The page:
“Researchers have sought to collect all the data they can from the internet, so there’s a risk that racist, sexist and otherwise abusive language ends up in the training data,” wrote Karen Hao, senior AI reporter at MIT Technology Review, who has seen the paper co-authored by Gebru.

The potential problem with this requires no further explanation, but Hao said the paper expands on the even more subtle issues that arise from these muddied datasets, such as the inability for a model trained on normalised brutal language to progress as language in society does.

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“Shifts in language play an important role in social change; the MeToo and Black Lives Matter movements, for example, have tried to establish a new anti-sexist and anti-racist vocabulary. An AI model trained on vast swathes of the internet won’t be attuned to the nuances of this vocabulary and won’t produce or interpret language in line with these new cultural norms,” wrote Hao.

“It will also fail to capture the language and the norms of countries and peoples that have less access to the internet and thus a smaller linguistic footprint online. The result is that AI-generated language will be homogenised, reflecting the practices of the richest countries and communities.”

Unfortunately, voices sharing these concerns appear largely as outsiders in the race to build technologies based on these AI models.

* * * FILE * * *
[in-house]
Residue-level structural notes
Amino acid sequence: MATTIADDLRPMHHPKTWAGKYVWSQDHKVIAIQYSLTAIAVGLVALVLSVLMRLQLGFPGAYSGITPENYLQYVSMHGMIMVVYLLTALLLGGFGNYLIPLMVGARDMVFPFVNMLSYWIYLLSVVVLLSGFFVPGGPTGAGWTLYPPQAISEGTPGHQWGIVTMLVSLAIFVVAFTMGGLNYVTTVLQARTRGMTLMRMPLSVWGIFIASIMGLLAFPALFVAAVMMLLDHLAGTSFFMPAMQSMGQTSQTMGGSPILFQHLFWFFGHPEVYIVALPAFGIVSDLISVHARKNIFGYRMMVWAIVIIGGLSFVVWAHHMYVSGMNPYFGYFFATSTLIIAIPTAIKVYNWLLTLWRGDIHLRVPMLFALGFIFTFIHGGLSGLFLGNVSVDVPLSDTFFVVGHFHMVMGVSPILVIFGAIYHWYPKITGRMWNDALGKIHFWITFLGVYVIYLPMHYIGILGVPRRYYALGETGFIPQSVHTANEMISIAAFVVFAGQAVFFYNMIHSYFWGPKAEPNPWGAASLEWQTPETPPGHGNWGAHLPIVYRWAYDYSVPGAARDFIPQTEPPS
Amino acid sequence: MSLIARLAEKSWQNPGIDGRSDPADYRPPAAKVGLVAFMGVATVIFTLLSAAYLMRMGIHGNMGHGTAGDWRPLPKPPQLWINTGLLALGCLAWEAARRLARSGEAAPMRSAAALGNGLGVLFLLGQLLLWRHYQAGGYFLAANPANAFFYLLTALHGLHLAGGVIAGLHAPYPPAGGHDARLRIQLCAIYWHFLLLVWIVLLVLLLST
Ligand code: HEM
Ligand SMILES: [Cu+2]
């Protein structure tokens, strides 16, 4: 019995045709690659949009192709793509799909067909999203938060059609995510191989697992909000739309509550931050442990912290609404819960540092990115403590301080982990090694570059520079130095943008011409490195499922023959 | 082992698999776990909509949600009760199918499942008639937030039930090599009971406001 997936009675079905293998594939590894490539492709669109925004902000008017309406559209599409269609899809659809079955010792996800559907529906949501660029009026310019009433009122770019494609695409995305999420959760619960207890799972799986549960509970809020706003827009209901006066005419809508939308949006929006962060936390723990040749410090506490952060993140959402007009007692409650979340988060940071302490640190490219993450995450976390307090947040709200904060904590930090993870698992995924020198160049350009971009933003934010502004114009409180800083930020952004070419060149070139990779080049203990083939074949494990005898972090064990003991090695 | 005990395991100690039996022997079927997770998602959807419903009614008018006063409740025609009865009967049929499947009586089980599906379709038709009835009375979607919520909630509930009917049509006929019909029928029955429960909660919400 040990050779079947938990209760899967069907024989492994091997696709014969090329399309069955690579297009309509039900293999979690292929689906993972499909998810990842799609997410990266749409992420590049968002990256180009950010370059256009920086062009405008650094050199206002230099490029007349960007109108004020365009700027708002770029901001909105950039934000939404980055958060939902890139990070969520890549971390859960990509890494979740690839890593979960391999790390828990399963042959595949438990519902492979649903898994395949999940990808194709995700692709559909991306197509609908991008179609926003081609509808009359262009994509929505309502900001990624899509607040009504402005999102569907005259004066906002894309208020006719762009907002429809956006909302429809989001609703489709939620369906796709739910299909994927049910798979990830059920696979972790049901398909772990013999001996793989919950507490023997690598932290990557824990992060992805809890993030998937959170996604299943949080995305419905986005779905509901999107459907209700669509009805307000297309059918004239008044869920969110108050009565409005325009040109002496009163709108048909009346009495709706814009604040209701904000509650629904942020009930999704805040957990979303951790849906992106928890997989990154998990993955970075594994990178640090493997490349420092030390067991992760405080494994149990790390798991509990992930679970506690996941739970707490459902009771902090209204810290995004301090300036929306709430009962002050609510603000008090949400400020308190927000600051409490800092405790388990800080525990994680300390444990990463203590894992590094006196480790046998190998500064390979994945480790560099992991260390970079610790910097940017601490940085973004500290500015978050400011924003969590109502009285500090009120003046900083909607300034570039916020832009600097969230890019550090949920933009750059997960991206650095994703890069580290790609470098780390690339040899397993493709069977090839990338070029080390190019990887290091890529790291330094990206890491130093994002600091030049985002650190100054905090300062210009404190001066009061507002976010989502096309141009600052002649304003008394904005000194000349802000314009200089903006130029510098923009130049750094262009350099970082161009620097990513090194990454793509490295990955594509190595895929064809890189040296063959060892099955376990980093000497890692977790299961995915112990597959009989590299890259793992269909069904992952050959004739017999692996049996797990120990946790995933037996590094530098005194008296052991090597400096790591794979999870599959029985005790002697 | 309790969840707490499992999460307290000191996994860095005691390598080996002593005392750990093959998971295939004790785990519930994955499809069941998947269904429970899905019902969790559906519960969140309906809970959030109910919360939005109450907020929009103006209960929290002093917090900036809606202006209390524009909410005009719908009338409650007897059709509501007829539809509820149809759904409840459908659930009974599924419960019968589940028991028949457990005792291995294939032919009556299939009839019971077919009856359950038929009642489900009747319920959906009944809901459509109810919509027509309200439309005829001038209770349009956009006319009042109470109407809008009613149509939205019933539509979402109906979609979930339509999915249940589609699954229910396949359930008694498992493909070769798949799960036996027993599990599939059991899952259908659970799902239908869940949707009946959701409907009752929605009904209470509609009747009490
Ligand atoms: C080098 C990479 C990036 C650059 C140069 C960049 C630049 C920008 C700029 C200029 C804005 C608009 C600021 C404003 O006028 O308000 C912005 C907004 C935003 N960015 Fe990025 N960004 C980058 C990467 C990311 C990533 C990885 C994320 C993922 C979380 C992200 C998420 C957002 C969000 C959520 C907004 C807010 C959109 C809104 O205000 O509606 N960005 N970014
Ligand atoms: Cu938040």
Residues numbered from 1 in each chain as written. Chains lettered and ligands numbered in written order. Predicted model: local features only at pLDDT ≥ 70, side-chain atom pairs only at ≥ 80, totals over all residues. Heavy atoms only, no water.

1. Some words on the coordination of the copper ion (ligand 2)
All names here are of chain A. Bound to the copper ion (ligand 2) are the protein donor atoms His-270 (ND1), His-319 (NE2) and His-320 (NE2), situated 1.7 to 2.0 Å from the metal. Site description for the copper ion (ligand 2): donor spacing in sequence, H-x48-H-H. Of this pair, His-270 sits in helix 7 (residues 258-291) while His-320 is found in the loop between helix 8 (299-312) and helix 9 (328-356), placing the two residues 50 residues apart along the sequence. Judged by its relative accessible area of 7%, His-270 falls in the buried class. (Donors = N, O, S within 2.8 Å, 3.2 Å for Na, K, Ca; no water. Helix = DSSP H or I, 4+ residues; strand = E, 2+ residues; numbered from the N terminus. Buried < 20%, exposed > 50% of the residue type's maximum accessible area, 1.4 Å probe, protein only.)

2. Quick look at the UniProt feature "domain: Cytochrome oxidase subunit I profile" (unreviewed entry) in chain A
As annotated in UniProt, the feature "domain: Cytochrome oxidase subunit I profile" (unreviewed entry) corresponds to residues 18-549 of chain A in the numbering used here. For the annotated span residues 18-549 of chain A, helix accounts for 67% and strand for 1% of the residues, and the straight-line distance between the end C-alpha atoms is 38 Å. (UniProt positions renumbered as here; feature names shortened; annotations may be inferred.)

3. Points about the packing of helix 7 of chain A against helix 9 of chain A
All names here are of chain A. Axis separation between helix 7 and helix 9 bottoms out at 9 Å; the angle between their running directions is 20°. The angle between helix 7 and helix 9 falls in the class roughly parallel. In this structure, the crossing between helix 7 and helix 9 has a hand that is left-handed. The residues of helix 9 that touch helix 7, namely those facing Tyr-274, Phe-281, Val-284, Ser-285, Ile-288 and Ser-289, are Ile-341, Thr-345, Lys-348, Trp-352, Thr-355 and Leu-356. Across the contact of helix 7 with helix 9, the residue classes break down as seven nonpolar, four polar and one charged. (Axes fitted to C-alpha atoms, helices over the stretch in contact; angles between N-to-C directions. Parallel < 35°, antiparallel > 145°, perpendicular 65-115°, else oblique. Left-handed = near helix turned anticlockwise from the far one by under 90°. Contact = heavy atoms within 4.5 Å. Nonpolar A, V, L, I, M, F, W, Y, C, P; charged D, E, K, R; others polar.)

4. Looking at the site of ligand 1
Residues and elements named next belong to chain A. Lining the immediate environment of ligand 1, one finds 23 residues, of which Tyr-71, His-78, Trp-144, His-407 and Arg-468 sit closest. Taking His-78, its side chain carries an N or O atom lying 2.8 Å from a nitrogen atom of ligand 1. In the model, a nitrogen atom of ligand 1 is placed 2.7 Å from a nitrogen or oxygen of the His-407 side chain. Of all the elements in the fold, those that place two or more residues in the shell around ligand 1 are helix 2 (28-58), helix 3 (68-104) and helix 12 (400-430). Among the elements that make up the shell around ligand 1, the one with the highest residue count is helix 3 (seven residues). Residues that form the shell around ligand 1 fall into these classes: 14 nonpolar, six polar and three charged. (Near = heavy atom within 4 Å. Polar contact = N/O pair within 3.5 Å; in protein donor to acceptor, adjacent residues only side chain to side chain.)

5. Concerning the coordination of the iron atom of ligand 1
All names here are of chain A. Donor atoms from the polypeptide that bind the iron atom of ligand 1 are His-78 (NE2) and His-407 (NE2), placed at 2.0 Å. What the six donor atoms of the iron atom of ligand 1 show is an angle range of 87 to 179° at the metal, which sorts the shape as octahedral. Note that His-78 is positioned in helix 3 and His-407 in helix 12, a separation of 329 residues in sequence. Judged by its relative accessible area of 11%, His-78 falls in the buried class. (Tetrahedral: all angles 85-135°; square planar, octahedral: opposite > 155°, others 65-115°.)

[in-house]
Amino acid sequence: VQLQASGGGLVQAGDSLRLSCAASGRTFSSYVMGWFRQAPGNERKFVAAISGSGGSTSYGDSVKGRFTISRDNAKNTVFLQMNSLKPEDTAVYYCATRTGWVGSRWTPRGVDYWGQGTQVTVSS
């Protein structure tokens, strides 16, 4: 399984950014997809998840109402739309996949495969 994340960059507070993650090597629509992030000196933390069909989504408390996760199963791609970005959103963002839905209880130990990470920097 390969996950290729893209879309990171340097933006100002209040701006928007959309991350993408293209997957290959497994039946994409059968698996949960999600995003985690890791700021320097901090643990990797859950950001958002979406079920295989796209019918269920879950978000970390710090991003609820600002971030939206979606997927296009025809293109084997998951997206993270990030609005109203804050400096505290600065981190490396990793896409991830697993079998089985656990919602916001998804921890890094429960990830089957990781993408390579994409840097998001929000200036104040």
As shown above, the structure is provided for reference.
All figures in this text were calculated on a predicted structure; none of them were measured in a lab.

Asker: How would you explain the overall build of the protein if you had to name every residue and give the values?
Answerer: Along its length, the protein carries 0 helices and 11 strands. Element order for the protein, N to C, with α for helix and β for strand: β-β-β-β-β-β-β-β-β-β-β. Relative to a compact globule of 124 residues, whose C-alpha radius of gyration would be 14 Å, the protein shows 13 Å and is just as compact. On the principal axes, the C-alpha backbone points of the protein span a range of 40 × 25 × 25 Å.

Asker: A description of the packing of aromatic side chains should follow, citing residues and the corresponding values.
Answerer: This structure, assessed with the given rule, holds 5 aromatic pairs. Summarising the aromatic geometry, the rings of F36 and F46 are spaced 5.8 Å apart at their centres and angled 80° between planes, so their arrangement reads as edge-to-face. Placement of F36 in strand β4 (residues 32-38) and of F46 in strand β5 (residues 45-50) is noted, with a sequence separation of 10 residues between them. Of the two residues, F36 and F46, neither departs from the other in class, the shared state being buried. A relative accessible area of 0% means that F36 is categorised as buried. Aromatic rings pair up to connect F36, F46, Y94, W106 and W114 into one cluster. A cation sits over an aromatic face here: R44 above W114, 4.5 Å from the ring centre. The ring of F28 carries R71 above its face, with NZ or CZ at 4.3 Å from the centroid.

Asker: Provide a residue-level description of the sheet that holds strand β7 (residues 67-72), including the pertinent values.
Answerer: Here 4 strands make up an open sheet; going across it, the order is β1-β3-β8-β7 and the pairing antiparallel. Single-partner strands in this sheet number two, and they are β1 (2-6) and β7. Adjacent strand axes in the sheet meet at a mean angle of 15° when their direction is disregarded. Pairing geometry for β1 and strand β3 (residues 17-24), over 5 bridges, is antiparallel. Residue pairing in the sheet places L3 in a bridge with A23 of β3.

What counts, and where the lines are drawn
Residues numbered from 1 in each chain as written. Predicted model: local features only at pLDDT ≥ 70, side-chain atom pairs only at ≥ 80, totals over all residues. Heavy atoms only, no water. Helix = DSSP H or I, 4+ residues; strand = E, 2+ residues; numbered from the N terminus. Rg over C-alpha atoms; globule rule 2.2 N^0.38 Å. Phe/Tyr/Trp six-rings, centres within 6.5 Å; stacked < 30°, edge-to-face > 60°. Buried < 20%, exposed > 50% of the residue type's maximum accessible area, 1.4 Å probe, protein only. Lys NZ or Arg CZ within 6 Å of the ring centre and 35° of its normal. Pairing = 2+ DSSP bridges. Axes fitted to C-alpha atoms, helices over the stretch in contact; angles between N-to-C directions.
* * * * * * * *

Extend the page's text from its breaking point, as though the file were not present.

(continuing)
A path forward

Gates’ essay is a quarter of a century old at this point yet it outlines challenges that publishers are still struggling with today. Namely, how to financially support online content.

Gates correctly predicted that an online payments infrastructure fit for micro-transactions would be necessary for publishers to secure sustainable business models, and users are finally starting to adapt to the idea of paying for online content. A more modern forecast, however, might suggest that what’s worth paying for is online curation.

There will always be an appetite for free content, but anyone who spent the recent festive period enjoying copious amounts of chocolates and booze (I mean, you deserved it) will know that what you desire isn’t necessarily what’s good for you.

We, as humans, don’t have the capacity to sift through the impossible amount of information freely available to us, especially as some of it now comes intentionally packaged to mislead. And the AI-led technologies being designed to filter this information are becoming stuck in the same quagmire, unable to tell the good from the bad, and marred by some of the same ills that plague society at large.

The real business opportunity gleaming amid the swamp of online content is a signpost for the way out. And, ideally, those signs will be legible to all.

The freedom of information online has many benefits, not least of all that it is accessible to those who can’t afford subscriptions to knowledgeable sources. A future where those who can pay support access for those who can’t is not only desirable, but quite likely. And there are further opportunities for those curators of content who can offer safe passage through it all. Maybe that future will be assisted by AI, but it will certainly need humans at its core.

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Elaine Burke is the editor of Silicon Republic

editorial@siliconrepublic.com